Tuesday, February 19, 2013

Reading: Sprawl by Danielle Dutton

Sprawl.  This review is going to be a challenge - I will state that outright.  Sprawl is unlike any book I have ever read or come across.  It is a book of fragmented moments in the life of a suburban housewife who seems stuck in her life and has no idea how to escape it.
It is hard to explain the plot of this book because there isn't much of a plot at all.  
There is a quote in the beginning of the book from Henry David Thoreau and it says, "At a certain season of our life we are accustomed to consider every spot as the possible site of a house."  This quote is very important to the book's structure and purpose.  I had to read this book for a class and what our class was unsure of at first was if this book was about a woman searching for meaning in life.  It seemed like she was but the book never provided a solution as to where she would find meaning and how she would find it.  Why write a book that challenges the suburban lifestyle and not offer a solution?  Then someone in the class stated that he didn't think this woman was searching for meaning.  He thought that this woman believed she had found meaning and that was why she was stuck in her predicament.  This theory makes perfect sense to me and is something I very much want to talk about in this review.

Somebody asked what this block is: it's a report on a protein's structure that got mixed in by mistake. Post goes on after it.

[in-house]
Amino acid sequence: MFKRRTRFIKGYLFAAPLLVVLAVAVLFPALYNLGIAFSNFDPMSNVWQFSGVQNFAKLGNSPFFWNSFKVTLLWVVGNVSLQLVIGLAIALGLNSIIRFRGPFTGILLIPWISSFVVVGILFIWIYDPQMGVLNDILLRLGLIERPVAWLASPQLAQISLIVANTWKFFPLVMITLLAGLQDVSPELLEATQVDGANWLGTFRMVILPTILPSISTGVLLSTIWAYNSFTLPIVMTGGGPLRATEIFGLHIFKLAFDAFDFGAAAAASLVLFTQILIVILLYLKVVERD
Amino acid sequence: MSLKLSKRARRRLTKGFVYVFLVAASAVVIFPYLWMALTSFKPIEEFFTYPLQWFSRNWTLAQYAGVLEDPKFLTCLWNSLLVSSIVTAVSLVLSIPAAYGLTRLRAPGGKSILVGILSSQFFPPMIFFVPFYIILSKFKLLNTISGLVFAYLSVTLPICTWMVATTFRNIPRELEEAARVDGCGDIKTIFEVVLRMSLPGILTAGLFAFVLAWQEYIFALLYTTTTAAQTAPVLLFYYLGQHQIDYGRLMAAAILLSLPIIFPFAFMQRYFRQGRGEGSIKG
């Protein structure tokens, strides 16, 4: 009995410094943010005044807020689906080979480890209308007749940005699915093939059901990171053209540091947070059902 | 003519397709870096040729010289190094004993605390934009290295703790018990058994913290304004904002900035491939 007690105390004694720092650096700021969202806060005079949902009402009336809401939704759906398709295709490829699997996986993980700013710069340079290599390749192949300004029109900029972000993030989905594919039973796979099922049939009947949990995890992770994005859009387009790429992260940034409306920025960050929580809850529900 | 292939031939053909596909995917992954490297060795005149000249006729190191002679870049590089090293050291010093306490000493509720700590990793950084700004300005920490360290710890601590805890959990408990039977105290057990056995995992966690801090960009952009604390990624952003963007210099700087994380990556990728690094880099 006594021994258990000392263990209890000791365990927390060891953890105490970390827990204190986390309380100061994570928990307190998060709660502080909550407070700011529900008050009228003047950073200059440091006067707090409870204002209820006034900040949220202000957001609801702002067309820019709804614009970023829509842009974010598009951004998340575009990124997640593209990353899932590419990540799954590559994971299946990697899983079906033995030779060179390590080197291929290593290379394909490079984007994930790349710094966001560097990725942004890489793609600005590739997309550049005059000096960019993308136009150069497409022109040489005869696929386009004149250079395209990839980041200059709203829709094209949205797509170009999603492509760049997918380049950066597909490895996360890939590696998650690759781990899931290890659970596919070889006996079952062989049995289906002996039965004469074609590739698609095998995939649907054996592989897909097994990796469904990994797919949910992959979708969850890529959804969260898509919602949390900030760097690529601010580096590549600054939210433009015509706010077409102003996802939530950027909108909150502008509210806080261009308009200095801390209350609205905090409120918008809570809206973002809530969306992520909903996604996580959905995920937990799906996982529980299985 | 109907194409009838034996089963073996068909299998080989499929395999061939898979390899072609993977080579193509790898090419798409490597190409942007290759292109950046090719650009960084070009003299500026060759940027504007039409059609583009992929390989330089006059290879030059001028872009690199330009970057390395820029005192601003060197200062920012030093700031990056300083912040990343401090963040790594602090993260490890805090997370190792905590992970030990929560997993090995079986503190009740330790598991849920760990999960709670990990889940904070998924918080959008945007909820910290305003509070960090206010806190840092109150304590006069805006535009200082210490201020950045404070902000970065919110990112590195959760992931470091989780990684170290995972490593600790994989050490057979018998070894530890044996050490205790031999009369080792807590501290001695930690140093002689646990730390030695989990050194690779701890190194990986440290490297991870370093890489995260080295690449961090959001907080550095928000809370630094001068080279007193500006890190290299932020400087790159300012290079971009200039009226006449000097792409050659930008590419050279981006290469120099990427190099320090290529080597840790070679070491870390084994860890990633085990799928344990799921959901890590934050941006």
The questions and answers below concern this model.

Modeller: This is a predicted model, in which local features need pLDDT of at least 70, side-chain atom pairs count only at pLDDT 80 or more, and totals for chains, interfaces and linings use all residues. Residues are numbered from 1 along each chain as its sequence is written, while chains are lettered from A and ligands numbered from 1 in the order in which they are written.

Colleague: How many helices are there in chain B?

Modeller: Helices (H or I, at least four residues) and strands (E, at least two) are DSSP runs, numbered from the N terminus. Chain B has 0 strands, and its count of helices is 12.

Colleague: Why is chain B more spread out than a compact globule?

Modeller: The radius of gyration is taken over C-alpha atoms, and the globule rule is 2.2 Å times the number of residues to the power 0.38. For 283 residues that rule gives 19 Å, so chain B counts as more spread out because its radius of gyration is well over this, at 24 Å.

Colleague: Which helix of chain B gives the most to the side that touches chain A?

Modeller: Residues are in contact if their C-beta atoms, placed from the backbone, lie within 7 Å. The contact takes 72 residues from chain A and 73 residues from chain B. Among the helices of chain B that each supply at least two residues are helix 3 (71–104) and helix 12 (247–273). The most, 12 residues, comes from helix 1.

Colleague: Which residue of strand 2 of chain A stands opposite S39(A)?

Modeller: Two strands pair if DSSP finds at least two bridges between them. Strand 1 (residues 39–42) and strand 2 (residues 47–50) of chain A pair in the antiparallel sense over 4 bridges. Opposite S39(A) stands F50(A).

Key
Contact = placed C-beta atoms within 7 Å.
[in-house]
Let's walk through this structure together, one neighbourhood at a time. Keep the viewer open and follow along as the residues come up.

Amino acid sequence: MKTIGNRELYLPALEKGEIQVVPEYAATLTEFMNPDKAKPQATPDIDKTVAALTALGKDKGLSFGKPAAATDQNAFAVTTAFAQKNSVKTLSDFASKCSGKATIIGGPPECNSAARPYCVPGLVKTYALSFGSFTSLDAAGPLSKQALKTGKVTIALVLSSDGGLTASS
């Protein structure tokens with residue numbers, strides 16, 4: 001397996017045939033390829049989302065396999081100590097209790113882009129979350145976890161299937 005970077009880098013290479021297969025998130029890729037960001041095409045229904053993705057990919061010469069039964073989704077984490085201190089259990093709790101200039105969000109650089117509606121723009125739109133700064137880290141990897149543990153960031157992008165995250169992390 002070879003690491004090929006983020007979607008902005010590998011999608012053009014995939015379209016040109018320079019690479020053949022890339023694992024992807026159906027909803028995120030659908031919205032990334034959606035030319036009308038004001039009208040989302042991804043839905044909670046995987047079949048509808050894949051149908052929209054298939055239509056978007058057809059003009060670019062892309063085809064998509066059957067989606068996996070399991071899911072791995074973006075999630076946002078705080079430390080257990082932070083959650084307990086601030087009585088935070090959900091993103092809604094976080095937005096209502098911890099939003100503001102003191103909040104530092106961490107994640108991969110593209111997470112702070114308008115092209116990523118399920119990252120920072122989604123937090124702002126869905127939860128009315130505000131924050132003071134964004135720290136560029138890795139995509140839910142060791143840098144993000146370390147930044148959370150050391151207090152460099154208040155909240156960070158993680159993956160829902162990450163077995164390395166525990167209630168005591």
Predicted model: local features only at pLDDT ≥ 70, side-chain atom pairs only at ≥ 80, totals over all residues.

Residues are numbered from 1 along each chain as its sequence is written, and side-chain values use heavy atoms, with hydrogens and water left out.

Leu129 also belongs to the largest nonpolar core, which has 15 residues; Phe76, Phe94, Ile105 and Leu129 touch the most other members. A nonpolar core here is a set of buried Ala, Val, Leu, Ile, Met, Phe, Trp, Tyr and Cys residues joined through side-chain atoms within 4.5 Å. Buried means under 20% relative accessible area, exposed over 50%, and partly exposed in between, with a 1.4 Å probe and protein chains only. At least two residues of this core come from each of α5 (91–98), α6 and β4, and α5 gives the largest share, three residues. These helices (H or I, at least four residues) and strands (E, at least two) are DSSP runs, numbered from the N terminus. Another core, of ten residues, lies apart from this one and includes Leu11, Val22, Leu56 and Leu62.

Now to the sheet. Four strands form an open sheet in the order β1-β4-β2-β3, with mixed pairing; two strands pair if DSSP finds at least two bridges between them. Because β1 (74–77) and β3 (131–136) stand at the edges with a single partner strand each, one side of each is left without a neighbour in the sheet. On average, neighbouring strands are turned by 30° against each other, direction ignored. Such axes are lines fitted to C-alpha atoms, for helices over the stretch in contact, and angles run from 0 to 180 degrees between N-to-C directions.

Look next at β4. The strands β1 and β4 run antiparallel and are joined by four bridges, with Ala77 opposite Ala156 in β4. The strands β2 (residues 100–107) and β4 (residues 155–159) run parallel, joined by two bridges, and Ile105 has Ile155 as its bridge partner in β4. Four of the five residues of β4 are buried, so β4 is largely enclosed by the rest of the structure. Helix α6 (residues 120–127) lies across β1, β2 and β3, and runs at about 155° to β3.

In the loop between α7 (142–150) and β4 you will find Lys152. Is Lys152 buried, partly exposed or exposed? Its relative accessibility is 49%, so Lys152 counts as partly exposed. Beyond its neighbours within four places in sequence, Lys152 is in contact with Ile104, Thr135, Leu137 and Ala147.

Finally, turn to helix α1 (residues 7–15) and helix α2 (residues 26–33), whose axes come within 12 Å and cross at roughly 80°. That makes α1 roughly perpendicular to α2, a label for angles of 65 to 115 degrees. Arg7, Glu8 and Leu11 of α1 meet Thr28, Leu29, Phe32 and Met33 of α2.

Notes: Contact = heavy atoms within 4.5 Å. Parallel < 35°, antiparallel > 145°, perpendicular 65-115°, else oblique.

To emphasize the theory I just presented, let me give an example from my own life.  Growing up itself is like being stuck because we are taught that school is where we learn and therefore we believe that if we are searching for an education, we will find it in school.  For me, I always found that I was eager to learn and missed school when I was away from it.  Yet every time I returned to the classroom, I became uncomfortable and awkward and found that school wasn't really helping me learn as much as it was helping me become more of an introvert which society frowns upon to begin with.  It wasn't until college that I realized how much I learned outside of the classroom and how much my previous education hadn't taught me.  I had always believed that education was what the world told me it was.
The same thing goes for the character in Sprawl.  She has been taught to believe that life is complete when you get married and move to the suburbs and now she believes her life has meaning and that is the problem, because it clearly really doesn't.  It is easy for the reader to believe she is searching for meaning.
The book is most definitely one where the author wants to make the reader think.  I didn't care for the structure one bit but at the same time I now understand why it may have been done.  As I said before, the book didn't have much of a plot and it just wasn't anything that moved me a bit.  It was different though.  I wouldn't recommend reading it unless you are up for the challenge.  I will rate this book 2 out of 5 stars.

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